Do We Have a Government Shutdown or a Leadership Slowdown?

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Oct 15, 2013

This history of the United States is full of leadership lessons — many great moments, and many what-not-to-do moments.

We’re in the midst of one of those what-not-to-do moments right now. From sequestration to the current government shutdown, it’s no wonder the United States Congress is facing a massive amount of criticism from the American people.

We’re supposed to view our leaders as, well, leaders. The beautiful thing about a democracy is that we get to choose (well, at least cast a vote for) who represents us in making decisions that affect the population.

Sure, not everyone agrees on the same issues, or sees things from the same viewpoint, but in a democracy that’s OK. Most democratic political systems allow, and even support and expect, that elected officials share dialogue prior to decision-making.

Can we give our representatives a time out?

So what happens when these people who have been chosen to represent our interests start acting like a bunch of middle schoolers playing tug-o-war? When they begin to place their own interests above the interests of those they lead, when they forget that they were elected to represent us – “we the people” – and not their own self-serving interests.

Do they get a time out? Do they grounded?

That’s our current situation here in the United States. A bunch of power-hungry adults are acting like children, setting a poor example of leadership, operating as a dysfunctional team, and lowering performance and morale of the entire organization – our country!

This power struggle, this lunch room fight, this playground bullying, it’s all gotten out of control. Hundreds of thousands of workers have been on unpaid leave for over a week now, thanks to the egos of a bunch of middle-aged men and women. Their inability to have open and honest dialogue, show mutual respect for one another’s viewpoints and ideas, and compromise on a solution for the greater good can have lasting negative impacts on the sustainability of the organization they lead – the United States.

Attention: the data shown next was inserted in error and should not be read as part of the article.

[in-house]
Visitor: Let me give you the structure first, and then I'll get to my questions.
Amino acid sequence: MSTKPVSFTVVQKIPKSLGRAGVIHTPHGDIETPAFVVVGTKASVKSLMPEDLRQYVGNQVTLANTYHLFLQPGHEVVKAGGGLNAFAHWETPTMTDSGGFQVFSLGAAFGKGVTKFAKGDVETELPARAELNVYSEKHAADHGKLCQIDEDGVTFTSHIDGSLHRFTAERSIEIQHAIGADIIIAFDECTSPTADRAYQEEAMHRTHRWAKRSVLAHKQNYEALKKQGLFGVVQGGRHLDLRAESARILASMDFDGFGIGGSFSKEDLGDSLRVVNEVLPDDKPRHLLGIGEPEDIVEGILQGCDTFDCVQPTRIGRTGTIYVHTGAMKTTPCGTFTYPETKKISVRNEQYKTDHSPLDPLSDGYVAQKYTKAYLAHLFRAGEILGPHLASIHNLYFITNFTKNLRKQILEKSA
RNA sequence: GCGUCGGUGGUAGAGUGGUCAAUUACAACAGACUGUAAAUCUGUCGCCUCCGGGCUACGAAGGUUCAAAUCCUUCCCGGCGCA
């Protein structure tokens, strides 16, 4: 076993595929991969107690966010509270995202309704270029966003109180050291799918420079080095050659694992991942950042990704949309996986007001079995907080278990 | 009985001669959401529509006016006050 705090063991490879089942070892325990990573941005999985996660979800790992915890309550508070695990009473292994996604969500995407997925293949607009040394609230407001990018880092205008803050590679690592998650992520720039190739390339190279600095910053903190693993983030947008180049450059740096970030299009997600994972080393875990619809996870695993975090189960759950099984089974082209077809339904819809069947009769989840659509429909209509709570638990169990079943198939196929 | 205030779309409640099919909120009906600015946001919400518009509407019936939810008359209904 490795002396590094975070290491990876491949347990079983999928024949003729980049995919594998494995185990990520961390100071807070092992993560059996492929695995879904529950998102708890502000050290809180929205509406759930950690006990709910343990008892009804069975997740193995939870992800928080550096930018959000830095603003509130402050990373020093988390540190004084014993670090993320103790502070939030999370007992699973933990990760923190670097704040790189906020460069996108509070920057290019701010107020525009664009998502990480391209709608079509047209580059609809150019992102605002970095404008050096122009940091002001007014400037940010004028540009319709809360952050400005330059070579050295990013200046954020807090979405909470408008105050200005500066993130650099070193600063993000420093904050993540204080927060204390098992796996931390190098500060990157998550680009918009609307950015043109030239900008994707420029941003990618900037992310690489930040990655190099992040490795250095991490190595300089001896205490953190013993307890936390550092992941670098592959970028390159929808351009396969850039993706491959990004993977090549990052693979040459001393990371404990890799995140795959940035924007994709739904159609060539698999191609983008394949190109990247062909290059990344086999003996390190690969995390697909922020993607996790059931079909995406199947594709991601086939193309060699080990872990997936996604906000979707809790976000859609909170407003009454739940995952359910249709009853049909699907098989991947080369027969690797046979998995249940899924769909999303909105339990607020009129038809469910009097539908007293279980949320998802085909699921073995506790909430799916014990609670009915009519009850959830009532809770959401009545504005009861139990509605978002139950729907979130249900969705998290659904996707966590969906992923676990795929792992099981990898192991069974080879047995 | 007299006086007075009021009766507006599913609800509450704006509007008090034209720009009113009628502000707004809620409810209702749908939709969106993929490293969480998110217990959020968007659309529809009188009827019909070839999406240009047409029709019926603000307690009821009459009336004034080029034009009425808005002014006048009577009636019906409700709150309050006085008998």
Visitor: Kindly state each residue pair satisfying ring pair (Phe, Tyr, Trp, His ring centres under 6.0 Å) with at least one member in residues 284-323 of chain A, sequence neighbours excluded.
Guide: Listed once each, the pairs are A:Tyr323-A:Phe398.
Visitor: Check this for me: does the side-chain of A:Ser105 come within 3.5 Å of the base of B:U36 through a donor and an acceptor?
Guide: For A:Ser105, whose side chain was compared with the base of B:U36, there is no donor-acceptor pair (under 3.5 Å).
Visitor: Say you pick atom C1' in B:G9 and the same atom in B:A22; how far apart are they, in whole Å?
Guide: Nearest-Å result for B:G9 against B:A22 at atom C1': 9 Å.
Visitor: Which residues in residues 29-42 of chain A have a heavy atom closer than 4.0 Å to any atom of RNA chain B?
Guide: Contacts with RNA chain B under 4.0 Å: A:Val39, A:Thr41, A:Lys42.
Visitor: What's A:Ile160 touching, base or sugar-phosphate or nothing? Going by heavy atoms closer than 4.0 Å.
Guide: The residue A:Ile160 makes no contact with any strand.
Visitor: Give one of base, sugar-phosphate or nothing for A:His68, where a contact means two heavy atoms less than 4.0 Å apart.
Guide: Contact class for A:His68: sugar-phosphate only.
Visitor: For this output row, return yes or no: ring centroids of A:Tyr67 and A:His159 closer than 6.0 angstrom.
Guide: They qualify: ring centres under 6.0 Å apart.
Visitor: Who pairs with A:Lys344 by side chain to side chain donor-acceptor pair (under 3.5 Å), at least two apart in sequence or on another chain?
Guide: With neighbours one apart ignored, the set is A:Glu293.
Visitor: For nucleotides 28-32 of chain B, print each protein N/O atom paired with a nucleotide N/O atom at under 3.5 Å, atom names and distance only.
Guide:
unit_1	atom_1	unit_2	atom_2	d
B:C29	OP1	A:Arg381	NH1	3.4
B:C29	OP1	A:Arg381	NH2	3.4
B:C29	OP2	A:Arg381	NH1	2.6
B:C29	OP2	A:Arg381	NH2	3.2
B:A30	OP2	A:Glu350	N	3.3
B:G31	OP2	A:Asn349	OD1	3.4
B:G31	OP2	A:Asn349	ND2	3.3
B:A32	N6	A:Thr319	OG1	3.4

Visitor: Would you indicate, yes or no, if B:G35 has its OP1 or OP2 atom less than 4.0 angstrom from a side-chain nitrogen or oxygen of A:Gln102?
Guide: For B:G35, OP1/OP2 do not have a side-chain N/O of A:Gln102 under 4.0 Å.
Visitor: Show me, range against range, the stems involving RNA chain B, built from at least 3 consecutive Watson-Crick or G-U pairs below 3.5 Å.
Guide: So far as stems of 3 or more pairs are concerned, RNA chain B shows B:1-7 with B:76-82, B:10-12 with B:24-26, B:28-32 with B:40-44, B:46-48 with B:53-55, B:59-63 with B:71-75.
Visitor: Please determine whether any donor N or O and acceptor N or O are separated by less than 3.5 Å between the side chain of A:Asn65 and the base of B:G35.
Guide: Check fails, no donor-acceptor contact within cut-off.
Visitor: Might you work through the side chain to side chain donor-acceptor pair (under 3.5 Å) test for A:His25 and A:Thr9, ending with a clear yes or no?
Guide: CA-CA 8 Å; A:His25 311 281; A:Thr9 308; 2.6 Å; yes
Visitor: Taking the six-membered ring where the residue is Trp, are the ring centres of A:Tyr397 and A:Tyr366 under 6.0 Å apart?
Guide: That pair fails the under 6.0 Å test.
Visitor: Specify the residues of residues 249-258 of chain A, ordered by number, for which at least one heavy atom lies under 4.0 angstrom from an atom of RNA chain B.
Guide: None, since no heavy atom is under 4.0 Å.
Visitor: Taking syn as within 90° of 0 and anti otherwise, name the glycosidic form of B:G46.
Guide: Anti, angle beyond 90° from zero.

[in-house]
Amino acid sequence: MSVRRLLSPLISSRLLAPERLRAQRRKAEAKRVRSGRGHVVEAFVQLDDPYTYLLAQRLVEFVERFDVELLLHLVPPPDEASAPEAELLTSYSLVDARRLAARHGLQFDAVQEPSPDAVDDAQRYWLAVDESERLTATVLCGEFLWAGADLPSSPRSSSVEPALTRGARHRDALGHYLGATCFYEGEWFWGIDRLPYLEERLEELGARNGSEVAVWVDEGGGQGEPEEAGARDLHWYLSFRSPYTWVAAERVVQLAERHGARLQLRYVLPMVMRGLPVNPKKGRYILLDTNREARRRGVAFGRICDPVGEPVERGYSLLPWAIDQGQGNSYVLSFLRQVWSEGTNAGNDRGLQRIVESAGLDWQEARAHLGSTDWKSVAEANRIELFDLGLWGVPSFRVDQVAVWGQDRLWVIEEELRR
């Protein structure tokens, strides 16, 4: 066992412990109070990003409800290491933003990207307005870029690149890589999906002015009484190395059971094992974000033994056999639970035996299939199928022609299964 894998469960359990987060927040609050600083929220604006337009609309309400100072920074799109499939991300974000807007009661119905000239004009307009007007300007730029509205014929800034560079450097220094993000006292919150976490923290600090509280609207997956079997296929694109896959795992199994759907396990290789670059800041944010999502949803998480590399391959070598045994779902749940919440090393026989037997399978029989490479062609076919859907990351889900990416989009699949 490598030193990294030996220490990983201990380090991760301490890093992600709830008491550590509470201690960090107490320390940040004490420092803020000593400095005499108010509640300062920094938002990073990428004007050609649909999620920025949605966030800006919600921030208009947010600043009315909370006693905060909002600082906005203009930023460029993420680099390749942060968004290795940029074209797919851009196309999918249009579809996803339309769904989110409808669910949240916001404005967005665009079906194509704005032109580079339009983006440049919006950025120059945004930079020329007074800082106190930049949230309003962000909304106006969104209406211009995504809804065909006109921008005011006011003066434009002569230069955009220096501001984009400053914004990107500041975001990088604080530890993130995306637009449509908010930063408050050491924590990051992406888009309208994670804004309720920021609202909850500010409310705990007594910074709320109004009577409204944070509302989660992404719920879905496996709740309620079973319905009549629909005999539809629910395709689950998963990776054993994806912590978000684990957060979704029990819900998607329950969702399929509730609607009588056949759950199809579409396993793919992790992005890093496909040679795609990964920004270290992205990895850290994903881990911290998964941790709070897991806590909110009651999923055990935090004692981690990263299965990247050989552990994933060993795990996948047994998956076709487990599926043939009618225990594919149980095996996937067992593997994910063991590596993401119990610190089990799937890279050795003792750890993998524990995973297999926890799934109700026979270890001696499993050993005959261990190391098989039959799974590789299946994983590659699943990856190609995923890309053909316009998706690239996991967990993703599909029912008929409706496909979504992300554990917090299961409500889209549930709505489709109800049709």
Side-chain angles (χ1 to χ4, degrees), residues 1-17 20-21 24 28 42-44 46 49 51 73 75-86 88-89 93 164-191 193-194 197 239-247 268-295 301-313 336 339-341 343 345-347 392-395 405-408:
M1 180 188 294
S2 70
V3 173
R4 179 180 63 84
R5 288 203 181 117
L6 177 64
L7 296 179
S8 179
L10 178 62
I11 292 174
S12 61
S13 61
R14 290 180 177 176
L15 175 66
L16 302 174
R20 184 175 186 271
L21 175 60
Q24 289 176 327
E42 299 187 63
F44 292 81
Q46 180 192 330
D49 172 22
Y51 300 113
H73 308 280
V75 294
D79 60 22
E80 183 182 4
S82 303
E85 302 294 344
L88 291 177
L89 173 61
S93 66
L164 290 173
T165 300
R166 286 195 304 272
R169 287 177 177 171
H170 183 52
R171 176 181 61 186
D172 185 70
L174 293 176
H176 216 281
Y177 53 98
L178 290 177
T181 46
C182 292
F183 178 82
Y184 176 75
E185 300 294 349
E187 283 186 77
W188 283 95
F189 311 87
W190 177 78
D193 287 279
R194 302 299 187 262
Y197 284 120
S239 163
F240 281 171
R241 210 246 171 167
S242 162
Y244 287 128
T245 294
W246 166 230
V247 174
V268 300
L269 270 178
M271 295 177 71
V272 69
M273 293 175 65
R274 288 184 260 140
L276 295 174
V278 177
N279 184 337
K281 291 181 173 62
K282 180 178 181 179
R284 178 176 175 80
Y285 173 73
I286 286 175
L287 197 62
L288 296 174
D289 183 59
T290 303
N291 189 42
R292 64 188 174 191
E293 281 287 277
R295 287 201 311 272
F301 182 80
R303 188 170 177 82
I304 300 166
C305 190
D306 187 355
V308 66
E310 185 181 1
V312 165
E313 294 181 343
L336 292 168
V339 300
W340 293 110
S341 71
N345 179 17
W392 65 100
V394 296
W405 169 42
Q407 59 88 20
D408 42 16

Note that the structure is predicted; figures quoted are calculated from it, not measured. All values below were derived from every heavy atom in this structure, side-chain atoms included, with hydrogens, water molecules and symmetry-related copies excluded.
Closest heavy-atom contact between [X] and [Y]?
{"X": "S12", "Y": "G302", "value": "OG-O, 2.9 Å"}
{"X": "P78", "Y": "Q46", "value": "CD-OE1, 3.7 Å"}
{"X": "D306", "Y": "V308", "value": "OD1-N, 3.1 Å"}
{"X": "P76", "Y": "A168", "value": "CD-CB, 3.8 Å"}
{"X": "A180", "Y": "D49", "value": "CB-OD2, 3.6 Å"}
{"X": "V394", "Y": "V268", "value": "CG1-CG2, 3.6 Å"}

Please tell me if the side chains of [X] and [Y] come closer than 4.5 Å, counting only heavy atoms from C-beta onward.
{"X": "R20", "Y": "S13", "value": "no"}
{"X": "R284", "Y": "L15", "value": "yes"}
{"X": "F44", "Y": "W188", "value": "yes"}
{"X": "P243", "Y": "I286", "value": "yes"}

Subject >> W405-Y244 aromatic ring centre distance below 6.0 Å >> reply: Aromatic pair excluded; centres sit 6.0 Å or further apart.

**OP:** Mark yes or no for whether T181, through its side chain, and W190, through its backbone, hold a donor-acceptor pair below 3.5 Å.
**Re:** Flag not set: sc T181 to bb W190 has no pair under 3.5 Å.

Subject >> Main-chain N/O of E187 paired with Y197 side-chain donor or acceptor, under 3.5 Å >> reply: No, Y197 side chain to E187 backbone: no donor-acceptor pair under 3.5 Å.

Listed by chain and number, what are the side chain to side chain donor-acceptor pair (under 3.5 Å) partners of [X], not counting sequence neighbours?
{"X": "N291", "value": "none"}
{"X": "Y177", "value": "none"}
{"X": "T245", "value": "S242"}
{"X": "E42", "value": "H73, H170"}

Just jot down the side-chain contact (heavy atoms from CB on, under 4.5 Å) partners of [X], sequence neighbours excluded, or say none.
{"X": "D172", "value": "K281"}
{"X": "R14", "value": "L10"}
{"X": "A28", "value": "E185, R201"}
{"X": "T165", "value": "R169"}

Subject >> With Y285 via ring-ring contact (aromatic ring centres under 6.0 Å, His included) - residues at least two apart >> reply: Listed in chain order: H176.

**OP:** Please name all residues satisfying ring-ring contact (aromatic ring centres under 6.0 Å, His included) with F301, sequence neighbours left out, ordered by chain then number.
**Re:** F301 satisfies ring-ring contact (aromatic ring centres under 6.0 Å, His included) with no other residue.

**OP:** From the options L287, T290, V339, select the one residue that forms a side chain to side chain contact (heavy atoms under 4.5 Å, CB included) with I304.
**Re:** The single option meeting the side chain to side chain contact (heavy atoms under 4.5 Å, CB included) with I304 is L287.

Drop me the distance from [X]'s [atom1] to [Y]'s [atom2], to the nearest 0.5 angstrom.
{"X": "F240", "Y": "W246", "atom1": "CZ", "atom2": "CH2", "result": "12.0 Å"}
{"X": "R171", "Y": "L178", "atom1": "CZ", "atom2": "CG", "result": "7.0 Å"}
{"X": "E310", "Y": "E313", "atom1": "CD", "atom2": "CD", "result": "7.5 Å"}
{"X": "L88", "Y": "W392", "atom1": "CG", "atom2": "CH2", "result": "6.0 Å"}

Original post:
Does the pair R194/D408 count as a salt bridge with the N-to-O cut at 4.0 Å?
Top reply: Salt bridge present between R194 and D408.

An abuse of personalized power

The government shutdown grinds on, and while perhaps Congress is coming slightly closer to reaching an agreement of sorts (or maybe that’s wishful thinking), this whole ordeal is leaving a bitter taste in the mouths of most Americans. We the people – are not happy!

We elect our leaders based on how their values align to our own, sure, but we also elect our leaders to LEAD. That’s not happening. No doubt at some point they’ve learned how to lead, but currently, any leadership skills they might have are being overshadowed by ego and stubbornness.

And this abuse of personalized power has led to a crisis. The lack of leadership isn’t just affecting them; it’s costing Americans jobs and the government the revenue they so desperately need. And it’s also damaging our “brand” as a nation. If leaders in the business world acted this way, employees would cease to perform, customers would walk away, profits would decline, and the so-called leaders would be fired!

Congress me be providing us with some lessons for what not to do; But we can learn something from the situation regarding leading successfully in times of crises:

1. Communicate